Tanna Engdahl discusses the knowledge behind Cowlitz trading and crafting.
Bio: Tanna Engdahl is a Cowlitz Elder and spiritual leader. She is also an associate supervisor of the Clark Conservation District and a board member with the Friends of the Ridgefield National Wildlife Refuge. Her past career has included work with the Bureau of Indian Affairs, working as Public Affairs Chief for both NPS and Bureau of Land Management. She is the founder of the Cowlitz Medicine Women.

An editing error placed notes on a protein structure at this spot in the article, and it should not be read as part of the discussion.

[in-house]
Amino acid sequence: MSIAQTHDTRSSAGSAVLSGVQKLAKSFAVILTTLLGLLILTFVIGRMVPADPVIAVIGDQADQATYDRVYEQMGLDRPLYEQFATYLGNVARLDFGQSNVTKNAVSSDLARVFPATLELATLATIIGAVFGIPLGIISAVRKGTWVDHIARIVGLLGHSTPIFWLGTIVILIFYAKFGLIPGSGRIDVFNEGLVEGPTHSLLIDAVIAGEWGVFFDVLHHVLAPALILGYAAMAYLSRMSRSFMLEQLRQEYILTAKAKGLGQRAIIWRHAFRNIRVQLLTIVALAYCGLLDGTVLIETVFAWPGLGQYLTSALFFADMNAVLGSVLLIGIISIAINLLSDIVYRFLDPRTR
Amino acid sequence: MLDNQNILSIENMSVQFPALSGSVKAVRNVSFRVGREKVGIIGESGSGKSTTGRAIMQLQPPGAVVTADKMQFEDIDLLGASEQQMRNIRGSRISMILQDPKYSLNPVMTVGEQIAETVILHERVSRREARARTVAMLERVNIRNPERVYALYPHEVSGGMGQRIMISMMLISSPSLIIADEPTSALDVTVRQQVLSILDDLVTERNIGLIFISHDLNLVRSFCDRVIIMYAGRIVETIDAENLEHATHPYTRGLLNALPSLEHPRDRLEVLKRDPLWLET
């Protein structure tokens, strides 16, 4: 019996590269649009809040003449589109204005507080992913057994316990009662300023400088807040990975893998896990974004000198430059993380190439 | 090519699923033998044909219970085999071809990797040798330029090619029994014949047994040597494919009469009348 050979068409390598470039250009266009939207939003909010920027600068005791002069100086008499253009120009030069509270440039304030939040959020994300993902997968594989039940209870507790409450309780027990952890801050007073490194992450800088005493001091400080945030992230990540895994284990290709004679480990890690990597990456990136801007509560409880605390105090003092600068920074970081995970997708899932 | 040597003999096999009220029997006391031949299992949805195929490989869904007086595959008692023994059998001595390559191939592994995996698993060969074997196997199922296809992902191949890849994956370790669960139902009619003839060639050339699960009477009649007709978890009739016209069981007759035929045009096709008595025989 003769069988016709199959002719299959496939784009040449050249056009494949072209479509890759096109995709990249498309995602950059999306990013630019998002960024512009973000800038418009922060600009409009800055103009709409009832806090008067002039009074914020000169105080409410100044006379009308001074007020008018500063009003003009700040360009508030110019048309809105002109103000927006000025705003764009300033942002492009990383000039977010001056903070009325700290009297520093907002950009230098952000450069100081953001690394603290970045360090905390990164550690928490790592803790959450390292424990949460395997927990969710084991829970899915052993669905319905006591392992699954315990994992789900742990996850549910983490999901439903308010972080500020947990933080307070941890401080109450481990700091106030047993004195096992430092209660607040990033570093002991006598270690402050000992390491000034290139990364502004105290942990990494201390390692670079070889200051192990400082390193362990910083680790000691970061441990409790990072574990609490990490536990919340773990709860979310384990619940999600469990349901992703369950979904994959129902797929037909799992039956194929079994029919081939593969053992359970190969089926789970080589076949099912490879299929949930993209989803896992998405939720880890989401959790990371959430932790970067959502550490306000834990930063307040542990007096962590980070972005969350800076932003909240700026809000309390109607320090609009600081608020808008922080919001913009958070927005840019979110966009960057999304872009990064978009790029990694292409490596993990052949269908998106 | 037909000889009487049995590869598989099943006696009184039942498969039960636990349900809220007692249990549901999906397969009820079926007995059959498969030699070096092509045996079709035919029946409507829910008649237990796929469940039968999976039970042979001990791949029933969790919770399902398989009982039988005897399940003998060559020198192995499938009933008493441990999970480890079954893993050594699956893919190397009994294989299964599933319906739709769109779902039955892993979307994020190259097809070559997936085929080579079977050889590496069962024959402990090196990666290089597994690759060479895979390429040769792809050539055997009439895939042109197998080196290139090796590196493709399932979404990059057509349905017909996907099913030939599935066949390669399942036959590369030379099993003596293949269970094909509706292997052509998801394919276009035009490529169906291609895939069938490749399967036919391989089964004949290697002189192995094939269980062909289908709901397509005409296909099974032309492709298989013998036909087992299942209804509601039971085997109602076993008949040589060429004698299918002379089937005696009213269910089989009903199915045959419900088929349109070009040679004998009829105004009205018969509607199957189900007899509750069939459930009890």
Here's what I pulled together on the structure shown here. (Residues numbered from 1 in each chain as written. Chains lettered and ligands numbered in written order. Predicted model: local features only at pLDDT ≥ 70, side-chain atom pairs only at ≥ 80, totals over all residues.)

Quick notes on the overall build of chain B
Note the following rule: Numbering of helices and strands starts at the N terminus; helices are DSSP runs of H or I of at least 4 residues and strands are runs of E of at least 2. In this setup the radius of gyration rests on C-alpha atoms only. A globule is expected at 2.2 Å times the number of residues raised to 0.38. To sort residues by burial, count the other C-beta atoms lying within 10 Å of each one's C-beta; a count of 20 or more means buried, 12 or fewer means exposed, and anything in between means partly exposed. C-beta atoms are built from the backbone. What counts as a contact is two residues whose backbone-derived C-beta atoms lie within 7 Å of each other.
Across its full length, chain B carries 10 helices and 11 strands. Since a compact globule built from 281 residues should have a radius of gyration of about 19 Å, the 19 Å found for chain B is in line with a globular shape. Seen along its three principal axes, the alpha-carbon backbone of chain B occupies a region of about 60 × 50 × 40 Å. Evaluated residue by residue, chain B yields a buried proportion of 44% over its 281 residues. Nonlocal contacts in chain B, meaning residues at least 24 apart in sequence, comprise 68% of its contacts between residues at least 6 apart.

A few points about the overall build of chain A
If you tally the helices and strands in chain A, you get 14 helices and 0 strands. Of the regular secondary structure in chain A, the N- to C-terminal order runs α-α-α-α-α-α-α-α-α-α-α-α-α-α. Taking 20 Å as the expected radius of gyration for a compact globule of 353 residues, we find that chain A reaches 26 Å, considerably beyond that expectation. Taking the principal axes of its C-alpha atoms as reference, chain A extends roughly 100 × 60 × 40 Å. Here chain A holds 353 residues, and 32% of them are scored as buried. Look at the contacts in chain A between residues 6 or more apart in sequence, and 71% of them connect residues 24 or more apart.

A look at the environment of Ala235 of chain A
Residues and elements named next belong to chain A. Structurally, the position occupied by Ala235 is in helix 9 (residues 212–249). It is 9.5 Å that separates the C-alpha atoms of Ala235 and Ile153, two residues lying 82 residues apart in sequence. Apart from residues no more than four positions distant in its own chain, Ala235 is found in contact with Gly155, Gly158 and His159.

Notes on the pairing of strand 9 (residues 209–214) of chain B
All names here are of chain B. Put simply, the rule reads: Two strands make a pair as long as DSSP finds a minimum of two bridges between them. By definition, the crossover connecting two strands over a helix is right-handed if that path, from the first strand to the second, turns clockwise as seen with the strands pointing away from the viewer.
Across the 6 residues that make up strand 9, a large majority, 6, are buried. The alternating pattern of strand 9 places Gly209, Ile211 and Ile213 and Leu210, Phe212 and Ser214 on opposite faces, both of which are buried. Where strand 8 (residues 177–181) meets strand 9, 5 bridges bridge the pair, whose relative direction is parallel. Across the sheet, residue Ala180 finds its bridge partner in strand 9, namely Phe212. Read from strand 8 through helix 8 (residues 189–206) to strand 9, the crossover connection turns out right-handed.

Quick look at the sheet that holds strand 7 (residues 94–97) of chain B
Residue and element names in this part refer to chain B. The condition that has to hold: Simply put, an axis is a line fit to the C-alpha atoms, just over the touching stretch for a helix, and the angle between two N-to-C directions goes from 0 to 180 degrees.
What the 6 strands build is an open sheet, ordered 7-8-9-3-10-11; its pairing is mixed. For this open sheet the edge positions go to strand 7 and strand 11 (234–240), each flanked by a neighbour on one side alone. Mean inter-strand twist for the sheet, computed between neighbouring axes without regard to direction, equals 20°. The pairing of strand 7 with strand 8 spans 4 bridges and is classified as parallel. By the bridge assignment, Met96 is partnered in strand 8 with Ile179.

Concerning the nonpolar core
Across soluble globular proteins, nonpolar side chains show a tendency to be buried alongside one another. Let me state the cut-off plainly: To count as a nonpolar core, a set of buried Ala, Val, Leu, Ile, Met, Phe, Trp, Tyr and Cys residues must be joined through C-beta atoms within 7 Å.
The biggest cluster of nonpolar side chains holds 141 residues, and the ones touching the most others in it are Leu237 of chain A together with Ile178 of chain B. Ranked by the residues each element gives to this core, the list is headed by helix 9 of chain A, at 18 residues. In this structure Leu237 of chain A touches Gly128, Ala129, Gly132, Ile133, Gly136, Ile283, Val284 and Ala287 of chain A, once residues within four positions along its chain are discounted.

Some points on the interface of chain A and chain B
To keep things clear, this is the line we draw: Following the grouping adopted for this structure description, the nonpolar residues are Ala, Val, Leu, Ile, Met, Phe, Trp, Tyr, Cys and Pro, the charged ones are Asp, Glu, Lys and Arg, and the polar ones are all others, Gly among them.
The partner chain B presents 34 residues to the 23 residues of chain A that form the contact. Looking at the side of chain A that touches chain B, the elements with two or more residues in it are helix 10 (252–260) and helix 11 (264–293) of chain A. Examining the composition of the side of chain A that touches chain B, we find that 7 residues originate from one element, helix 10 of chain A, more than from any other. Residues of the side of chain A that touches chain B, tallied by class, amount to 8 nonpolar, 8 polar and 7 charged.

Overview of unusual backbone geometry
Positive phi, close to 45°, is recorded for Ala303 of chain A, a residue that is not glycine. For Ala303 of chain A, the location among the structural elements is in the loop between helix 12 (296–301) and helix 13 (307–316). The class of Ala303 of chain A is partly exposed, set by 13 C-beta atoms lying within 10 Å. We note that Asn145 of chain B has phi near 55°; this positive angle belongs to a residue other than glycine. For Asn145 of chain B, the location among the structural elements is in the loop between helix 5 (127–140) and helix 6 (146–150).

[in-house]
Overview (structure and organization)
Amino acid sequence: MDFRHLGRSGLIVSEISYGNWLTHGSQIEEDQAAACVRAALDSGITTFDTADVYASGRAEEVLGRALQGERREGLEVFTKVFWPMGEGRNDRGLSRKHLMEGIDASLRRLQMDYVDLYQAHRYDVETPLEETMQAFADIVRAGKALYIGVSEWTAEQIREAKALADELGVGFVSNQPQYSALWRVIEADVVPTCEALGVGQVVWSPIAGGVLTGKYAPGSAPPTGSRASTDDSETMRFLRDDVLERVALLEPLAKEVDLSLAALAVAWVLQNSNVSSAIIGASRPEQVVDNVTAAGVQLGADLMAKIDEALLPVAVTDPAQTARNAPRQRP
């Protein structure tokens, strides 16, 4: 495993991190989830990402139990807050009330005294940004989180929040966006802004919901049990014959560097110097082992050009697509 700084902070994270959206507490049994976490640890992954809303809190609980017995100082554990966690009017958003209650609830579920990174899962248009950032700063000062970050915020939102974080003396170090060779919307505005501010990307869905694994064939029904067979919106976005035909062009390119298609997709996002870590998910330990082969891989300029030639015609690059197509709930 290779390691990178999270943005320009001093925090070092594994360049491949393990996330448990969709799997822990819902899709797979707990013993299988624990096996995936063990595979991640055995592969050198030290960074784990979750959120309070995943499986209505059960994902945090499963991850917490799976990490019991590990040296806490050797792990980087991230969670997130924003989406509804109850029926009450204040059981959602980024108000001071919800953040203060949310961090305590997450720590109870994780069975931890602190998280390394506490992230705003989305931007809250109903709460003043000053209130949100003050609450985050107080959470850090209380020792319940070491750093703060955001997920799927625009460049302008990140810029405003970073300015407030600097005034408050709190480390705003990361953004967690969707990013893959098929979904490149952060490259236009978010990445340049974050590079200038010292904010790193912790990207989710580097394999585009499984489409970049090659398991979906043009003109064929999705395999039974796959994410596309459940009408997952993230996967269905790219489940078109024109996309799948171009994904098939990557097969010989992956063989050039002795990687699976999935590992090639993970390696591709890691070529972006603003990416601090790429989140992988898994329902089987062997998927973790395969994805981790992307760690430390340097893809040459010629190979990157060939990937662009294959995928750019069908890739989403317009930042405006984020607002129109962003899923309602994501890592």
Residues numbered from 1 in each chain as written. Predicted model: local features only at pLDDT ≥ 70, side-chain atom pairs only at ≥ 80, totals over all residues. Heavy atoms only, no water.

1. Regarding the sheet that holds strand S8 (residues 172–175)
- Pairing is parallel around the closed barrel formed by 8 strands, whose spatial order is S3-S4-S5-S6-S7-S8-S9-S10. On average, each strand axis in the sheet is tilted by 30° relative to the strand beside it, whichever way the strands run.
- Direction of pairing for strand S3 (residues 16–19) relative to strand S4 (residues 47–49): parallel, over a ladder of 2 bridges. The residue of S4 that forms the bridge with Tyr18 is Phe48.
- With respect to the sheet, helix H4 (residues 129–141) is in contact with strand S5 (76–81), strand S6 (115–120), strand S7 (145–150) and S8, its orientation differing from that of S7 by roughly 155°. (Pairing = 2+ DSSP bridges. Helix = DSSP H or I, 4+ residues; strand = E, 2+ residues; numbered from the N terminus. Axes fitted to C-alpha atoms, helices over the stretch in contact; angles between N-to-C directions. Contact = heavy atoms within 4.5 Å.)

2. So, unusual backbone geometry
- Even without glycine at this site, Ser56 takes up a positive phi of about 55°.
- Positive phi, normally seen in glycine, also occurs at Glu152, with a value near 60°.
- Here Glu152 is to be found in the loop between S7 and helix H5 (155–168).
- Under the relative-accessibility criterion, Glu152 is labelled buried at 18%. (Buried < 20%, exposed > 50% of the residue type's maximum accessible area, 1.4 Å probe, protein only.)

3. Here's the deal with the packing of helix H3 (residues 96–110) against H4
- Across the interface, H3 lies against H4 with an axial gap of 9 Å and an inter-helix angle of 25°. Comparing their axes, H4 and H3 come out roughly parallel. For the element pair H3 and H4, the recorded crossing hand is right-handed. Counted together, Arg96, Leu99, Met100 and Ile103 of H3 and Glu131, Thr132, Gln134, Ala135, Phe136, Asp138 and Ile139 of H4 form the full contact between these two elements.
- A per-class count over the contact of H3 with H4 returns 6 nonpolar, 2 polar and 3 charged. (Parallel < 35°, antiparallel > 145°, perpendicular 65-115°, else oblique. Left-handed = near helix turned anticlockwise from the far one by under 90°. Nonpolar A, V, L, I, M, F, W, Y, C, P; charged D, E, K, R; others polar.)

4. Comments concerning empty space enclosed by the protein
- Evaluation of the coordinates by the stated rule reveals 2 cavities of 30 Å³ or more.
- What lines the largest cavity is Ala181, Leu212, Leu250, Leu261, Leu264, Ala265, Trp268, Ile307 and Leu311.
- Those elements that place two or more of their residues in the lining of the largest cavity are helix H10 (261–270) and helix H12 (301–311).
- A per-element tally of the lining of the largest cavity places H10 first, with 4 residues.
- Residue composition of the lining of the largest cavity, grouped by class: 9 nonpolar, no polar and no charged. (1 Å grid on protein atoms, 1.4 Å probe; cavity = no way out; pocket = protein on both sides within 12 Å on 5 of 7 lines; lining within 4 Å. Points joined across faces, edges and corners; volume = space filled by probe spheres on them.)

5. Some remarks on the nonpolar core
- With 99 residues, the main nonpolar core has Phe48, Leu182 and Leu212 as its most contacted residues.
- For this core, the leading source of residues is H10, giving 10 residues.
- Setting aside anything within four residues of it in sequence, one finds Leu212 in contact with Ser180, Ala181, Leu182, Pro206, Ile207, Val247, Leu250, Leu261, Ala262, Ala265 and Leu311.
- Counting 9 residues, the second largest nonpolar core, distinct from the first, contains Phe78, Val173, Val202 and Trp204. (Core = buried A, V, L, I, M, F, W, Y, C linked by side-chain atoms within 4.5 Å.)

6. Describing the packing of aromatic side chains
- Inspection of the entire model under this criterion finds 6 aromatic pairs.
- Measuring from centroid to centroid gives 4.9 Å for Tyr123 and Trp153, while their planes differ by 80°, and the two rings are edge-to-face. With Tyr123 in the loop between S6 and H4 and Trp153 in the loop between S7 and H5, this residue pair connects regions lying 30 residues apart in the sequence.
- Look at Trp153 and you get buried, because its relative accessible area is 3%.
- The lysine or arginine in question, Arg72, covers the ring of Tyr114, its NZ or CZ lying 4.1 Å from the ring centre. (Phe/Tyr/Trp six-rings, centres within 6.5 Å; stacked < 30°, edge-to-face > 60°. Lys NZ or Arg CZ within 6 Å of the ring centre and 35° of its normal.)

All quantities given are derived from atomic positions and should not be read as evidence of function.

When the bead came in and when the buttons came in, like everything else we would take it to an art form. We were fascinating by these little tiny– we used bone, fashioning it into beads and things that we decorated with–but then came these little tiny glass things that were colorful and had holes in them that you could actually weave into a pattern. So we did that. We loved that. And when we found out these new people had these things called buttons…we had a kind of a button, but again it was made out of a shell or antlers or porcupine quills we could use, we used that as a decoration and we had something else that most of the other tribes didn’t. We had mountain goats. And we harvested tremendous amounts of that. And we had a strange little animal that’s become extinct. We called it the curly dog. We had animals in our villages that were dogs and they a very nice hair and we would take the hair from the dogs and from the mountain goats and weave it into blankets. So that was a fabulous thing we could trade. So we took the buttons that we could find and started adorning pieces of cloth with it until it became very high art. And now, of course, it’s just amazing what people, what the kind of blankets that are made or the kind of vestments that are made with the buttons–but that’s more of a modern era. Prior to that we did have anything that could be harvested from an animal, that could be made into an art form. We had totemic art and we related that again to spirit. So we saw the spirit in the baskets that we made and we saw the spirit in the paddles that we crafted for our pullers to push our canoes across the waters. So anything that we needed, we had such a bountiful land, we could trade for. We could dig up our tubers and roast them so that they would last and take those out to people that did not have camas prairies or did not have wapato. We could trade specific food items, you know specialty houses you have now where you go and get fancy foods, that would be our fancy foods and we could trade for that. You would have had to been born in that particular century to know how much our very crafty and wise commercial traders were of the era, of the time. So I couldn’t tell you how much could be traded for a horse or how much could be traded for a beaver pelt or even a canoe. But we had the knowledge. Great knowledge.